“Was not their mistake once more bred of the life of slavery that they had been living?—a life which was always looking upon everything, except mankind, animate and inanimate—‘nature,’ as people used to call it—as one thing, and mankind as another, it was natural to people thinking in this way, that they should try to make ‘nature’ their slave, since they thought ‘nature’ was something outside them” — William Morris

Monday, November 28, 2011

Occupy UC Davis Meditation and OOO

That was a very good way to start the day, I feel. The passion people brought to Occupy was palpable and it made sitting extremely easy. All one has to do in circumstances like that is bring one's passion and then let it be, coexistent with others. A truly creative time. People were awake, heartfelt and extremely intelligent.

I'm going to paste here something I wrote for the nonviolence conference on meditation, because it may ring some bells with people. The line of thinking is based on my argument that OOO objects (everything) are fundamentally inconsistent, because of a rift between essence and appearance. This has political implications:

[H]ow does meditation look on the ground, in practice, “where the rubber meets the road” to use the awful bureaucratic phrase? One is allowing one's thoughts to exist, without trying to delete them. Thus one is allowing oneself to be inconsistent: the mind is making some effort towards mindfulness, yet there are also thoughts occurring that distract the mind. In higher forms of meditation, the practice has less effort. One is simply allowing whatever happens to happen, no matter what the thought is. Some kind of commitment is required, a commitment not to adjust what is happening. This non-adjusting allows beings to resound in all their contradictory plenitude. Since all phenomena radiate from the nature of mind or from Atman (and so forth, depending on which school of thought one is following), all is purified in advance within the larger space of freedom. Purified here means left in its natural state, which is open and vivid. There thus arises what in Mahamudra and Dzogchen is called non-meditation. This non-meditation is different from not meditating, and also different from meditating. It is simply coexisting with what is. Meditation simply is nonviolence, which means allowing the rift between essence and appearance to persist.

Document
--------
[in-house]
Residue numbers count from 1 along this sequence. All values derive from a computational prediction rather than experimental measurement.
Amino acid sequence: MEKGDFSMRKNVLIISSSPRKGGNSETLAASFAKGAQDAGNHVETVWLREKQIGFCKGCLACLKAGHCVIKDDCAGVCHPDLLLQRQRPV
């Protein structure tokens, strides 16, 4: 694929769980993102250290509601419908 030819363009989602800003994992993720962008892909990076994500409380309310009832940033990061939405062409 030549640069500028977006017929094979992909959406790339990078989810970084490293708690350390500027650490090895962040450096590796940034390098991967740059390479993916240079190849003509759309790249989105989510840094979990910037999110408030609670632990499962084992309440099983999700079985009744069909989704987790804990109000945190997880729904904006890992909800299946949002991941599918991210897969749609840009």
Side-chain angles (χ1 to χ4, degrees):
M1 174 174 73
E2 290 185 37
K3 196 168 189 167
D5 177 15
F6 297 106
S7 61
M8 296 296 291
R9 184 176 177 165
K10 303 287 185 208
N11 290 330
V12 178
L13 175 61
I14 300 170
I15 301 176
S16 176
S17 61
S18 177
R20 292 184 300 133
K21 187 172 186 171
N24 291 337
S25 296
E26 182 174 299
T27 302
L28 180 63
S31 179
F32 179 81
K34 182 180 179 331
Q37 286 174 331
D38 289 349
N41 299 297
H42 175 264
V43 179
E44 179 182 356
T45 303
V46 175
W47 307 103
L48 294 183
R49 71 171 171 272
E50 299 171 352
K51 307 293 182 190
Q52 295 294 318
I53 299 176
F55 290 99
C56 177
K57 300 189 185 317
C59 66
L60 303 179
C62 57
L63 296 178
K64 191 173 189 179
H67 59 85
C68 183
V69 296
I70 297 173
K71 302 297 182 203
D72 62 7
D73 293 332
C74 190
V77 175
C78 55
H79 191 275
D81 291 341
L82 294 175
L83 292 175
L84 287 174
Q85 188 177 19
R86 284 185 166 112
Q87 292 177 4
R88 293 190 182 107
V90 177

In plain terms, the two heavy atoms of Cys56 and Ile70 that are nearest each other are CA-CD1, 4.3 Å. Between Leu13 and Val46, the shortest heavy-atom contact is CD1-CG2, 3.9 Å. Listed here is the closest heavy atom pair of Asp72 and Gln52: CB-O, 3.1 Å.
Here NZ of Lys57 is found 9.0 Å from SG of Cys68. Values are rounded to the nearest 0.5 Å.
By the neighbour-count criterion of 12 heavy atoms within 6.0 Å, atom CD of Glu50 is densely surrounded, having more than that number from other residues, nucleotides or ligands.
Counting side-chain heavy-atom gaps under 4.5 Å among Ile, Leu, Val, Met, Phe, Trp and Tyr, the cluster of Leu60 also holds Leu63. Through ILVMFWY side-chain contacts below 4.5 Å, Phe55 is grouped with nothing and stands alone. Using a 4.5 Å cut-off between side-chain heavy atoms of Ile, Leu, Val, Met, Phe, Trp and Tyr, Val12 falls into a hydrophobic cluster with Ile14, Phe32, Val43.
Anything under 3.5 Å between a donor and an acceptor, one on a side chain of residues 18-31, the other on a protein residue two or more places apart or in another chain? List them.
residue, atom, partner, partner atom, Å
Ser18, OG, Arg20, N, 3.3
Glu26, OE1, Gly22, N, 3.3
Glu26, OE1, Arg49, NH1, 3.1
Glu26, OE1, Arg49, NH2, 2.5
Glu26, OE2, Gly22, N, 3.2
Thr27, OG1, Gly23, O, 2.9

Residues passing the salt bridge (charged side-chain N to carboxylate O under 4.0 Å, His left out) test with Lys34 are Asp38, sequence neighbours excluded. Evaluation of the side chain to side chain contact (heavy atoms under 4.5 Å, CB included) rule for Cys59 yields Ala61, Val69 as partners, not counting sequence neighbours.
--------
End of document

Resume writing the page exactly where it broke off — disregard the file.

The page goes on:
In meditation then, one is both p and not-p at the same time. One is a living contradiction, the contradiction that defines living as such. One coexists in the simplest possible way, namely with oneself. Narcissism thus means self-relating, which means other-relating. Since being myself means never directly being myself, my existence is coexistence, even when hypothetically I am totally on my own. Meditation is thus nonviolent, not simply because it means you are trying to make yourself be gentle, but because you are allowing yourself to exist in your inconsistency. In a group of meditators, this nonviolent coexistence becomes vivid. The person on your left might be plotting to take over the Universe. But what on Earth is he going to do about it in that moment? He is meditating!

Meditation means allowing at least one thing to be inconsistent. Allowing the rift between essence and appearance to persist without causing it to close and thus for essence to evaporate. Nonviolence. Humans must get used to the depth of nonviolence in their being. The Greek term for this getting-used-to is mathēsis, which is fully thought not simply as calculation, but as acclimatization, as growing accustomed to the truth of things. The Tibetan for this getting-used-to is gom, which is the term for meditation. In Buddhism there are three stages of learning: hearing, contemplating, and meditating. Hearing is thorough attunement to the dharma. Contemplating is more deeply digesting it into one's being. Meditating is enacting it, living it, embodying it. This embodiment just is nonviolence, a nonviolence that attunes the layers of a human being—cultural forms, attitudes, psychological states, biological equilibriums, physical being, mind, heart, flesh, bone—to the fundamental inconsistency of reality.


Luke Jaaniste said...

Tim, what's your explanation of the terms essence and appearance. I know these are classic philosophical terms, but I'm wondering what your take is, and I'm yet to find any extended definitions etc in your past writing.

My guess: that you'd say appearance is whatever turns up in the relationship (co-existence) between one thing and another, whereas essence is what is there beyond any single appearance, which grounds (the possibility) of all sorts of appearances (appearances which can be so different any contrary) but also can never be exhausted and thus is somehow 'hidden' or 'withdrawn' or 'undisclosed'. A bit like the rift of Heidegger's world/earth in his work of art essay, or Deleuze's virtual/actual.


Luke Jaaniste said...

Any suggestions to where to go for your most in-depth treatment of the rift of essence and appearance?...